Strategy for the institution but no strategy for the school: Program leadership should define its strategy in compliance with the overarching institutional strategy. In addition, leadership should collaborate with the dean so that he/she can coordinate with institutional leadership. The dean should then take this opportunity to begin thinking about defining the school’s strategy. The dean could choose to be deeply involved in defining the strategy for the program or could simply choose to receive periodic reports during the process.

A problematic controlling strategy: Suppose that the school’s strategy (or the institution’s if the school does not have one) is seen as inappropriate for the program by the program’s leadership. The school’s strategy conflicts with how program leadership wants to proceed. This is a significant red flag, and all work on planning and investing in the program should stop immediately while conflict resolution proceeds. Program leadership should commence with intensive meetings, discussions, and negotiations with school leadership (including the dean, faculty leadership, and staff leadership — especially finance and marketing) in order to resolve the conflict. Program success is difficult even with full school support and agreement between school messaging and program messaging in the market; such a conflict between strategies would certainly reduce school support and increase confusion in the marketplace, both raising the cost of getting the message out and reducing the chances for success. The conflict might be resolved in one of the following ways:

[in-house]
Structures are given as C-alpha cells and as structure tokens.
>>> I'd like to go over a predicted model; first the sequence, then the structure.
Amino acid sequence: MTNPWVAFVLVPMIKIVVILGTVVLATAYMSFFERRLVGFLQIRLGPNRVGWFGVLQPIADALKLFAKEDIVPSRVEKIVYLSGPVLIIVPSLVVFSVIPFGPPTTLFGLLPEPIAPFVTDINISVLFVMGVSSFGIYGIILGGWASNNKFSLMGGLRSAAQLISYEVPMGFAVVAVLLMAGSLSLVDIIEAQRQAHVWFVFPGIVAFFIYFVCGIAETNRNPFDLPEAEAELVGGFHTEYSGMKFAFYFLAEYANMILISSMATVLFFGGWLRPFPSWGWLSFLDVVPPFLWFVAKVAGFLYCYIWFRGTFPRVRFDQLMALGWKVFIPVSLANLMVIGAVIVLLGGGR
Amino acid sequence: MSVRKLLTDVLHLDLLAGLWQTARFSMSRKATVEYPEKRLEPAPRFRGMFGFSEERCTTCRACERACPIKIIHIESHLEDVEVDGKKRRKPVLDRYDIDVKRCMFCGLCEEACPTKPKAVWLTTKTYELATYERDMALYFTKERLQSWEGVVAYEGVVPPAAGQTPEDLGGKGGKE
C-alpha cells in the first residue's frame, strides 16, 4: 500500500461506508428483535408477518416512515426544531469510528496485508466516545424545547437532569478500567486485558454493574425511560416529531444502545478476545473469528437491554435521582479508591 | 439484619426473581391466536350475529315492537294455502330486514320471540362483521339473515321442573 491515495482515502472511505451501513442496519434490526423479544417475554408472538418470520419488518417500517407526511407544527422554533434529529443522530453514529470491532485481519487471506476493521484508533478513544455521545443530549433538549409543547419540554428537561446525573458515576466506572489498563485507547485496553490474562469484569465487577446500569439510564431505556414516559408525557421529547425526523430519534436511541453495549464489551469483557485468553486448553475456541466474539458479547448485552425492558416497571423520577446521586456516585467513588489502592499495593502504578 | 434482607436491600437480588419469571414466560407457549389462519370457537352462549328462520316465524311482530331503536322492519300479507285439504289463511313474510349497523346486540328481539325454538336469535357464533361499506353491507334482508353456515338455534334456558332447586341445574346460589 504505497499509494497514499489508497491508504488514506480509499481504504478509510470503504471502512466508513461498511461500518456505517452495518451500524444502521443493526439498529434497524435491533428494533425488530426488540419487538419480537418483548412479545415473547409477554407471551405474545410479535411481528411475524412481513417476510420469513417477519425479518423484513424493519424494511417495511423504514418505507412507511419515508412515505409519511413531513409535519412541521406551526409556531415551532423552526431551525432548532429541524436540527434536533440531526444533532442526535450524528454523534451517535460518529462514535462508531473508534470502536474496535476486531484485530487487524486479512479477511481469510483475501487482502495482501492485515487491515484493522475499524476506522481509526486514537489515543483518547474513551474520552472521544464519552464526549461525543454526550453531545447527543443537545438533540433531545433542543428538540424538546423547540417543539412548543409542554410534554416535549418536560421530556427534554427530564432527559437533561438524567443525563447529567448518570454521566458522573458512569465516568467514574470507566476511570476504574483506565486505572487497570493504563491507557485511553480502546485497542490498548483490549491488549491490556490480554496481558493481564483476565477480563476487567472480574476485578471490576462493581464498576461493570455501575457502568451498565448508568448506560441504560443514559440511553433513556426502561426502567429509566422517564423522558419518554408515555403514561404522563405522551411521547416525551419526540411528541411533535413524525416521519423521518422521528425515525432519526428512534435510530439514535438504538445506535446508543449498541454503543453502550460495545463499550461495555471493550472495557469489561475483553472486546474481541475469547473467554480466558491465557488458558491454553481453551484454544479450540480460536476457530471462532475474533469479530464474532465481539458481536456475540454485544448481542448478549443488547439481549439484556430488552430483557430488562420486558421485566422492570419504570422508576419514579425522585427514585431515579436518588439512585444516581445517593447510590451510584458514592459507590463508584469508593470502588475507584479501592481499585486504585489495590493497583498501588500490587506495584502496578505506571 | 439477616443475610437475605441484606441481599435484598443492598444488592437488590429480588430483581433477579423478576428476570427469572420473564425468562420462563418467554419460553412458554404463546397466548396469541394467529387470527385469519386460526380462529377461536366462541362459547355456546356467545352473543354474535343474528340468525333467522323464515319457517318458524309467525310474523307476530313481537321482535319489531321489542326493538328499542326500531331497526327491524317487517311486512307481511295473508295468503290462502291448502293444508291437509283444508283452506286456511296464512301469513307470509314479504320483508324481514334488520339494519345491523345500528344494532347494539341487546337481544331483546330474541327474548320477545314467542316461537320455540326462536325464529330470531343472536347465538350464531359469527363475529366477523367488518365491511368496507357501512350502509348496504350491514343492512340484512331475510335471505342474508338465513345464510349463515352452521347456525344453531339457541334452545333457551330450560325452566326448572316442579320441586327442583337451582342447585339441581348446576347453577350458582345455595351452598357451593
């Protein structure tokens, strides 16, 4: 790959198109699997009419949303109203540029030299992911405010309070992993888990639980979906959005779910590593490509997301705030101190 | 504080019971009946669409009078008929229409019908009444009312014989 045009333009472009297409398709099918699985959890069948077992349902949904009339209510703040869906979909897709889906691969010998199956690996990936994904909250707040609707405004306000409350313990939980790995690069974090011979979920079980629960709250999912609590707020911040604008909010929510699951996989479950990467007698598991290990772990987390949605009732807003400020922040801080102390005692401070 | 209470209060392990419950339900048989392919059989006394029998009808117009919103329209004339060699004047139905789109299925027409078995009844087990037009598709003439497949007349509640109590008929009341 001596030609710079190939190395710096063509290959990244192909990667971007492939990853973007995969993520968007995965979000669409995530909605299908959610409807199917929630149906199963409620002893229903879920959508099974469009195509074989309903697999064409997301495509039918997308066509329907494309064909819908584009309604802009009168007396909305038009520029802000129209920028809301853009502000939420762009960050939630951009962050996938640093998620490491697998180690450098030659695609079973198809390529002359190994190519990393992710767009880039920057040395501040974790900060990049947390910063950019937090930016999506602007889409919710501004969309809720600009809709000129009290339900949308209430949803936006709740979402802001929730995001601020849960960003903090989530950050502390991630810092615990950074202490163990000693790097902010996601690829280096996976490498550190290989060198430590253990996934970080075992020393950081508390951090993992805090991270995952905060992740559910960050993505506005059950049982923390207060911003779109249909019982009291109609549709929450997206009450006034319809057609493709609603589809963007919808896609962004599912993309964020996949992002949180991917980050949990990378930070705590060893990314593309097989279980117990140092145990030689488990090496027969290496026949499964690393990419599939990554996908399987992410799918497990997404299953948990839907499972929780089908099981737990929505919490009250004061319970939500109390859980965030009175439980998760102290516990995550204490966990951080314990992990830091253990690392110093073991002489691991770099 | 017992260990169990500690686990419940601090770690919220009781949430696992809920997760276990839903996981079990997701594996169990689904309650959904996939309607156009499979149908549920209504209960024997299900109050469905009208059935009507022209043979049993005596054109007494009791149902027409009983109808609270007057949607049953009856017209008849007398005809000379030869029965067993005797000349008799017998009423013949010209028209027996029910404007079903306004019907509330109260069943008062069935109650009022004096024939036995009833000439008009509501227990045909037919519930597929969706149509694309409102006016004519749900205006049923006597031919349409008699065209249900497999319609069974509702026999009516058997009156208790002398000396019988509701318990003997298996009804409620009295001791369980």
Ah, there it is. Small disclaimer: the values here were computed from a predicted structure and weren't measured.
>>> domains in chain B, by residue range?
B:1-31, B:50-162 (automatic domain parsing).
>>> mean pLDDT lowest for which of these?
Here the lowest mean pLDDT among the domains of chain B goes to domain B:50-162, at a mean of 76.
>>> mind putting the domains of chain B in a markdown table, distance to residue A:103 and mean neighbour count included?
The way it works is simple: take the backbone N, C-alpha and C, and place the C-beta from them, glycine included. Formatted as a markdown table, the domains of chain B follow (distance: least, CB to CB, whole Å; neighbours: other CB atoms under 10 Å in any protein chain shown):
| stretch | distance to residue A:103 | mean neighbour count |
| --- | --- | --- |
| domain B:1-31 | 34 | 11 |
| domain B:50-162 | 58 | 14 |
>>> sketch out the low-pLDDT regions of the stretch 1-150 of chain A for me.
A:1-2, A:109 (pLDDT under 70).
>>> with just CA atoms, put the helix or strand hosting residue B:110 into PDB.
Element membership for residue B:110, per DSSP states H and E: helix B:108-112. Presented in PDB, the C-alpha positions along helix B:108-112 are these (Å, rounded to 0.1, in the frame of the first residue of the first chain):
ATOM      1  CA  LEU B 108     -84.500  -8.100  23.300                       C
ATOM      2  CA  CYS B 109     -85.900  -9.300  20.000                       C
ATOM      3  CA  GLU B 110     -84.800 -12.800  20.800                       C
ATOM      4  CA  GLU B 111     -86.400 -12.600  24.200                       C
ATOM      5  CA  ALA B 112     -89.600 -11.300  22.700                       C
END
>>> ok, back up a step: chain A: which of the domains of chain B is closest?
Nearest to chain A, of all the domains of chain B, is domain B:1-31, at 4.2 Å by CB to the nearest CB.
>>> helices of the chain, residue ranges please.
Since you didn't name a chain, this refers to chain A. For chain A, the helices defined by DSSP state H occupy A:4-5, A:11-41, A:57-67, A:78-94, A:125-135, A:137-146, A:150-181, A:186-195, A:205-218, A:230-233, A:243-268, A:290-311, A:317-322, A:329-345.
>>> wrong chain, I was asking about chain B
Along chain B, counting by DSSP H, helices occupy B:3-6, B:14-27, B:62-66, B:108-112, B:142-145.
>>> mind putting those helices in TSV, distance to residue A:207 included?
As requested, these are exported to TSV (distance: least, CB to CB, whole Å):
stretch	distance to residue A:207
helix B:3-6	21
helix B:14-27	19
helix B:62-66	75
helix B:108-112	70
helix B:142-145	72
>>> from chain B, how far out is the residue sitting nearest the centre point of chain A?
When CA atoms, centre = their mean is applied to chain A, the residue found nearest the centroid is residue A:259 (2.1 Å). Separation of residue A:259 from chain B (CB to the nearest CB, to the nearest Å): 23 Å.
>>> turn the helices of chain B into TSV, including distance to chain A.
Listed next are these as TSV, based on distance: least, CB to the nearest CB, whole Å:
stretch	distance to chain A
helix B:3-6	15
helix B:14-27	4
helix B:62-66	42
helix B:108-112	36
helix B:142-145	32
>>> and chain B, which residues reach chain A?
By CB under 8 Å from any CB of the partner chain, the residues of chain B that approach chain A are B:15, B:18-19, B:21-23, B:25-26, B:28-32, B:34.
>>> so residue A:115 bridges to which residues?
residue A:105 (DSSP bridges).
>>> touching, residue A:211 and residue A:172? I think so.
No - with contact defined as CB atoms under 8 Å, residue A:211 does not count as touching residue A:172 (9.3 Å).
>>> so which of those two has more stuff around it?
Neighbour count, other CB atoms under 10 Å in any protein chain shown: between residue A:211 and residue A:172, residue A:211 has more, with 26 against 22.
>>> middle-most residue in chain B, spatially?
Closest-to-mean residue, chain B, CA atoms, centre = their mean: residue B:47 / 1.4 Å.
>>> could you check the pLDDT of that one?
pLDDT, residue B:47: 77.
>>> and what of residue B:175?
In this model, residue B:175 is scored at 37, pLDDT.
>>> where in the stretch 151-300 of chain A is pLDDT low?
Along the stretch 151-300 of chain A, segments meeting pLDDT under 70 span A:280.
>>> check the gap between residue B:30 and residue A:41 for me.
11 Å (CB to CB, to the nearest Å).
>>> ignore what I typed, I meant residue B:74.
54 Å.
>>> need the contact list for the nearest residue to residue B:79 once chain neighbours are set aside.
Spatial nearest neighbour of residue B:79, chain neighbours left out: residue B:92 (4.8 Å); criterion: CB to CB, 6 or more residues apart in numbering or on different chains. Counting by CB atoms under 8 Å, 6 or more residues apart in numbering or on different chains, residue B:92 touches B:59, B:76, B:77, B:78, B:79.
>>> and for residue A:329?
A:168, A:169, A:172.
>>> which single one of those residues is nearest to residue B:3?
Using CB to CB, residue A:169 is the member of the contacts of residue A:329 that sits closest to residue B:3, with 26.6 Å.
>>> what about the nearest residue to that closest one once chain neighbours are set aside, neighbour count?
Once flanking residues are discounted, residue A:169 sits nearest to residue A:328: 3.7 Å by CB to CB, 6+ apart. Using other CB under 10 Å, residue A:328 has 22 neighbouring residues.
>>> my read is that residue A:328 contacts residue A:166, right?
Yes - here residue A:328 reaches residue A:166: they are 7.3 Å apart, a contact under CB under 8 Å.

• Revise the program strategy to be in compliance. The most direct way to align conflicting strategies is to revise the program’s strategy.
  • Revise the school’s strategy to fit the program’s strategy. Perhaps the school’s strategy is out-of-date and the launch of the new program will force the school to address this. Of course, once the school revises its strategy, other programs within the school should also ensure that they are in compliance (likely over a period of years).
  • Complete the specification of the school’s strategy. It might also be the case that a school’s strategy is in agreement, to the extent that it has been specified, but that several facets needed to complete the strategy (as laid out in the last third of this whole essay series) are unknown. Program leadership should reach out to school leadership and urge the formation of a committee to complete the strategy definition.